The triple-header comes against a background of Liberty Media, the owners of Formula One’s commercial rights and organiser of the calendar, looking to expand its schedule of races to as many as 25 events. A grand prix in Miami is likely to join the programme next year and new races in China and Vietnam are also on the cards, albeit alongside the probably loss of the German Grand Prix.

However, Steiner warned that expanding the calendar would present more than just a logistics challenge, with the attention span of audiences also likely to be a limiting factor if Formula One were to approach having a race for every fortnight of the year.

“It’s not only that the teams are challenged with it, but we need to also see what the fans see of it, if there is not a saturation factor coming in where nobody is watching.

“We need to find out what is the saturation, because we cannot do more to just do more; there needs to be something back.

“Why would we put more product out there if nobody want to buy it? Then you just stay with what you’ve got and spend less, because to go to the races costs us a hell of a lot of money.

“Financially, because the cost gets so much higher … I don’t think adding races can create enough income to justify the investment.”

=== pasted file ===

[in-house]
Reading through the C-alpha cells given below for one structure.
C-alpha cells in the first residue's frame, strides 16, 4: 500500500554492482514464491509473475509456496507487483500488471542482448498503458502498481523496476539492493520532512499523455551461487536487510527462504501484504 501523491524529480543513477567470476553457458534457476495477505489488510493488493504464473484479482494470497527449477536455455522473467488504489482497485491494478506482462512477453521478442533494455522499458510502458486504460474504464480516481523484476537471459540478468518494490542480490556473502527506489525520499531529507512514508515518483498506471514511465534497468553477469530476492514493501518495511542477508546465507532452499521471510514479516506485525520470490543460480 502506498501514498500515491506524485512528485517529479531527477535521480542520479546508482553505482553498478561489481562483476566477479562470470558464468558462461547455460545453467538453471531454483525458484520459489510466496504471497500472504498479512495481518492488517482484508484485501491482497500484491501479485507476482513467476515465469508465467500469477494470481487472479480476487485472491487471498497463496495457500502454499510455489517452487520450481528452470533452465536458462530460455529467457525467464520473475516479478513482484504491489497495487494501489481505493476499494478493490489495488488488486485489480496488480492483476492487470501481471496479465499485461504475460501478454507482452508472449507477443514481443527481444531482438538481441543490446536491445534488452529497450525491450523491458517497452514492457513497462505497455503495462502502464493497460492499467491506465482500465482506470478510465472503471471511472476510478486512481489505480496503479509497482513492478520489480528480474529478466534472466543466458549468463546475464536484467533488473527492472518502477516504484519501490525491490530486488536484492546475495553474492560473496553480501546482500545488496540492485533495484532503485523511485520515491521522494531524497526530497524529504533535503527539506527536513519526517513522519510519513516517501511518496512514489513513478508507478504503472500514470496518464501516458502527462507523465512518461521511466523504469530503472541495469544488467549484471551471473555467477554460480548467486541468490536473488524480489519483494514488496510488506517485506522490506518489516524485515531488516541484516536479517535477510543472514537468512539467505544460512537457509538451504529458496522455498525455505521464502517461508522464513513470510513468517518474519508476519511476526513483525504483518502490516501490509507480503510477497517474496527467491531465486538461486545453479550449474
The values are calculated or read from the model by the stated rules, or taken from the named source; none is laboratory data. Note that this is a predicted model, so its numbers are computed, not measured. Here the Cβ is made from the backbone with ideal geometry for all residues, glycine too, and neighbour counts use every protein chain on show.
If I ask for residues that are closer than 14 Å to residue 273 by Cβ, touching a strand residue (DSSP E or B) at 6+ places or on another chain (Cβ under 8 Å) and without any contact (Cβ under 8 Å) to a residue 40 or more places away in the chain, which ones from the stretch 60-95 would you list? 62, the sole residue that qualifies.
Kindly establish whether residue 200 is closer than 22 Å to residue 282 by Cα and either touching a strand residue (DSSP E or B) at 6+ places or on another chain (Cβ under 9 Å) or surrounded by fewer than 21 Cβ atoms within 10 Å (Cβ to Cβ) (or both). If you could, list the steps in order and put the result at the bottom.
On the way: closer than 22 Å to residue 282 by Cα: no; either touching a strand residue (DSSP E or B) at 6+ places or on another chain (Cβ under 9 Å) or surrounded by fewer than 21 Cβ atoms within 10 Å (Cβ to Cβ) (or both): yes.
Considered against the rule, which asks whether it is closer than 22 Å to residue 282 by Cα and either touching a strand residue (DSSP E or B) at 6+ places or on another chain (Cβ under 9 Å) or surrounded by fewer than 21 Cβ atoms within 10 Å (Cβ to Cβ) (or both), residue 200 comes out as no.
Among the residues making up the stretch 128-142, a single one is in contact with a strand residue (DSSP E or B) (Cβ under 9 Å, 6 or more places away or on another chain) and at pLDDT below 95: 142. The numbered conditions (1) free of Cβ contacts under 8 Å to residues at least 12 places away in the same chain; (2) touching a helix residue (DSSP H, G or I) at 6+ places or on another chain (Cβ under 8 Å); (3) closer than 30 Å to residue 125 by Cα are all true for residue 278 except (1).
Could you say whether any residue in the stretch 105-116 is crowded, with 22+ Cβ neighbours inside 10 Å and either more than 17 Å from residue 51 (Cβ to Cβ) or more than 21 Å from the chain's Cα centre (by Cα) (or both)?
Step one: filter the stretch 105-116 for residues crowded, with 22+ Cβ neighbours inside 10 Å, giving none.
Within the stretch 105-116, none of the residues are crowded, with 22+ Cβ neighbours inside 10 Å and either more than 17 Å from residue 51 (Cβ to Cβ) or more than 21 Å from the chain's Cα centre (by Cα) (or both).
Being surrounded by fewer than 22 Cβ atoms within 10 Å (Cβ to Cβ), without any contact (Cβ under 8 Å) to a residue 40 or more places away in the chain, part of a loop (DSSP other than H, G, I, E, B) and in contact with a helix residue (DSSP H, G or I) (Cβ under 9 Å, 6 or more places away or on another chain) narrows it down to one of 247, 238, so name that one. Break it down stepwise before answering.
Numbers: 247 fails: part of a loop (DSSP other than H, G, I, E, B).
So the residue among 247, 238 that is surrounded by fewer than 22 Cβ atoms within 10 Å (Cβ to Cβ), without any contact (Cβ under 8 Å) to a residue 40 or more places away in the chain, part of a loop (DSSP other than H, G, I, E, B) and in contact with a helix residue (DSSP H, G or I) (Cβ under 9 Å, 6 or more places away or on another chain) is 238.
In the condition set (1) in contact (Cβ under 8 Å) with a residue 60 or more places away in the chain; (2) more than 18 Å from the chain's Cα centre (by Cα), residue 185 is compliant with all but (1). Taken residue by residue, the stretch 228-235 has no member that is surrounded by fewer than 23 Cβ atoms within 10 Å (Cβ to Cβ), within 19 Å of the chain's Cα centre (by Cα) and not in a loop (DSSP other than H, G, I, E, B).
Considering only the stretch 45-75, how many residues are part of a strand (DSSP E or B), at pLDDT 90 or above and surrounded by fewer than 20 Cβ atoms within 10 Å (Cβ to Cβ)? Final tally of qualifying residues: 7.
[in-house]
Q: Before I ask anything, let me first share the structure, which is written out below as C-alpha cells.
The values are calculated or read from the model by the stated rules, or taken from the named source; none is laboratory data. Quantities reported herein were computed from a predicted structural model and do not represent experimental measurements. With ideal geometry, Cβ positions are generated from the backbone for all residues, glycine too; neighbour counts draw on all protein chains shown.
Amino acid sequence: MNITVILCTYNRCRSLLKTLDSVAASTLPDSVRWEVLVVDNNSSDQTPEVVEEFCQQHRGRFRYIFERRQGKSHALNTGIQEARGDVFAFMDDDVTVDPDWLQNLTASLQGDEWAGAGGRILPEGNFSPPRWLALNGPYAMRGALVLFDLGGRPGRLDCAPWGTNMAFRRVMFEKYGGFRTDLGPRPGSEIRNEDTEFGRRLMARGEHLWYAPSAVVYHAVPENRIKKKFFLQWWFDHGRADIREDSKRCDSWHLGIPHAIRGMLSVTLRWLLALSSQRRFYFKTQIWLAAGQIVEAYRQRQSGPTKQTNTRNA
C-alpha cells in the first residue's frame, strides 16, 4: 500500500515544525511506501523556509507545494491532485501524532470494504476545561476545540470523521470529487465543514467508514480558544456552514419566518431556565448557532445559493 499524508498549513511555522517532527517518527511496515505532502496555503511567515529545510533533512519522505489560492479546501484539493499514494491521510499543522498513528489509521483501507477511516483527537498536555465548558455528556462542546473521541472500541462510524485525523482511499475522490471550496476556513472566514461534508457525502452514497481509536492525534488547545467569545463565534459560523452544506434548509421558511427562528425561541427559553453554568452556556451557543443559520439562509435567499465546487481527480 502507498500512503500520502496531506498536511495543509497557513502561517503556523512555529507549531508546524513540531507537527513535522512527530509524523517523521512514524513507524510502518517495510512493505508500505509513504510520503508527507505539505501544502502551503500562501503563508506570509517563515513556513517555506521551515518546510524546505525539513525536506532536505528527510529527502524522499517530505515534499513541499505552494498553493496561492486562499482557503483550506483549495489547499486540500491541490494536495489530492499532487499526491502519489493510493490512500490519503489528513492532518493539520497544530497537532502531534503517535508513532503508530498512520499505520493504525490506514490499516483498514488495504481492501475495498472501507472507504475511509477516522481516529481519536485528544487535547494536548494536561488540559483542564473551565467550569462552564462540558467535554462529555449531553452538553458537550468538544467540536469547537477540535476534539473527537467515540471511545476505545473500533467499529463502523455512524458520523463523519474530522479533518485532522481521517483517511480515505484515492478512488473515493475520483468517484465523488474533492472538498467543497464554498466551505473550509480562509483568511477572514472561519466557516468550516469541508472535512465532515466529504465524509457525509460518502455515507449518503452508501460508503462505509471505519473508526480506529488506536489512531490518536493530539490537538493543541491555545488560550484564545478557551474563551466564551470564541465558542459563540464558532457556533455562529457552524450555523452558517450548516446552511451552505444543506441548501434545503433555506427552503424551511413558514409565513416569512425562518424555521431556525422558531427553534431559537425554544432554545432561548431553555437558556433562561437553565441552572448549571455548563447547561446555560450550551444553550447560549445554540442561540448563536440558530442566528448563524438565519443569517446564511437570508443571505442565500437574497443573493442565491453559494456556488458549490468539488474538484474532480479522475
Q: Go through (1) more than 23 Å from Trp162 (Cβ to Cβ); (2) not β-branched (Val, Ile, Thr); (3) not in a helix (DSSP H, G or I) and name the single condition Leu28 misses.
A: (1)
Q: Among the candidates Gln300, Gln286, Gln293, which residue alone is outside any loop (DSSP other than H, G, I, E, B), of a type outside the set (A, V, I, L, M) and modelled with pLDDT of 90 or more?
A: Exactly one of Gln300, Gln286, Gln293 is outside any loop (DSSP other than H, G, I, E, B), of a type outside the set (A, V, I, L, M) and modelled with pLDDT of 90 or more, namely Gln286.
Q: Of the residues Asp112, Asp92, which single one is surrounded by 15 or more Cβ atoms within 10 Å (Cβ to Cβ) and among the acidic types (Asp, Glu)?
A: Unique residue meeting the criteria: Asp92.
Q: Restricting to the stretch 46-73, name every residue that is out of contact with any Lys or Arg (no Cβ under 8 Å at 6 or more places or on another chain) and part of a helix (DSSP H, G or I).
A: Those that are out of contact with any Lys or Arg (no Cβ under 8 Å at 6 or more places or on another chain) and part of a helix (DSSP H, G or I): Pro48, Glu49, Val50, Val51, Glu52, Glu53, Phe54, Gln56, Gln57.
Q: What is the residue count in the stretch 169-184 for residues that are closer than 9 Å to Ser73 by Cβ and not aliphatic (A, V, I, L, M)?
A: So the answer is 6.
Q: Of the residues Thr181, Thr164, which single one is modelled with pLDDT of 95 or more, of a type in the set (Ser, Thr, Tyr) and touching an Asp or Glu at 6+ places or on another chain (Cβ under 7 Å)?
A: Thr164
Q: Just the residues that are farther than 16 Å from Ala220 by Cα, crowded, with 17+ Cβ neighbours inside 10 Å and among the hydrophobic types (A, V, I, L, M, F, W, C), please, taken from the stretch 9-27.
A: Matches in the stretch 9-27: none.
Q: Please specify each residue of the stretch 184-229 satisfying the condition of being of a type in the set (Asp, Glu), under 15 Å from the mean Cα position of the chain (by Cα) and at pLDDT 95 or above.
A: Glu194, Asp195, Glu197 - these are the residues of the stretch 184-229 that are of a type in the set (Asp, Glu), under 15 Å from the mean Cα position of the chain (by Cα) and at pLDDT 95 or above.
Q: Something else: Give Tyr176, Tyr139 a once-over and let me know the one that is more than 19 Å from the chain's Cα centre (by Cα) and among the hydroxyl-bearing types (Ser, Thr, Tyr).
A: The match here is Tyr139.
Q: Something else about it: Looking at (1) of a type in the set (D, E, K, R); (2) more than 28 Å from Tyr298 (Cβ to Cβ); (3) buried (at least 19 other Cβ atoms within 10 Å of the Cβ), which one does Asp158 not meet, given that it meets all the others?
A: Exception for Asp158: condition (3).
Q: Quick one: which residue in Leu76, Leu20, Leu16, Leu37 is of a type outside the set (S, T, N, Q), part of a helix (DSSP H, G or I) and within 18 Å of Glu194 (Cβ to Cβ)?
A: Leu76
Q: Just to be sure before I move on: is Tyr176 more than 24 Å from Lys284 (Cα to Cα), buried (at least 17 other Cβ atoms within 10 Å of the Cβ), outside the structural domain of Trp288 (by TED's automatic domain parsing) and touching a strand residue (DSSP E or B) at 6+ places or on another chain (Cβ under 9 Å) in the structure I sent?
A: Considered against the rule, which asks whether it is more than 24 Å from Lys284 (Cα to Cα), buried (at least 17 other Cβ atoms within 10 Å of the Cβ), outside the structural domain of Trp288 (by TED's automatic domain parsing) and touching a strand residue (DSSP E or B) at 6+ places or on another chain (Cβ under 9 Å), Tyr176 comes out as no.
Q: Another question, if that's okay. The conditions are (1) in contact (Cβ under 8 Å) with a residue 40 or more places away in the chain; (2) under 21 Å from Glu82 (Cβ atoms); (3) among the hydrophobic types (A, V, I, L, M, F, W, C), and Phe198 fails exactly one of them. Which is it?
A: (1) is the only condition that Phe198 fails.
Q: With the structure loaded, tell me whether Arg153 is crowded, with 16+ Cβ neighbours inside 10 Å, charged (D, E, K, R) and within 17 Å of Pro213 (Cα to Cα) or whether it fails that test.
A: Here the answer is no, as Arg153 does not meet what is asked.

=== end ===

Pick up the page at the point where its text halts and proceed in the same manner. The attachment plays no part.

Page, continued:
“I think the balance is between 20 and 22 races maximum.”

Though the 2019 calendar is yet to be ratified, the 2019 Australian Grand Prix has confirmed it has been provisionally allocated Sunday, 17 March, for the season-opening race, which is one week earlier than has been the race in recent years. The season-ending Abu Dhabi Grand Prix is also rumoured to have been given a December date, suggesting a longer or better-balanced calendar, or perhaps a combination of the two.

Kevin Magnussen in his pit box at the 2018 Azerbaijan Grand Prix.

Sport is an emotional roller-coaster, and for no Formula One team this season has this been truer than for Haas.Continue reading

Haas team principal Gunther Steiner has called on his team get it together after losing a podium place and a significant points haul in Azerbaijan.

Continue reading on RACER 🔗

Haas team principal Gunther Steiner says he was taken out of context when he urged F1 not to “dumb down like IndyCar racing,” but he insists the two sports should not be compared.

Continue reading on RACER 🔗
Kimi Raikkonen pulls away from a pit stop at the 2018 Bahrain Grand Prix.

The unpredictability in results of the opening three Formula One grands prix has grabbed headlines, but equally noteworthy has been the series of botched pit stops that marred weekends from Australia to China.Continue reading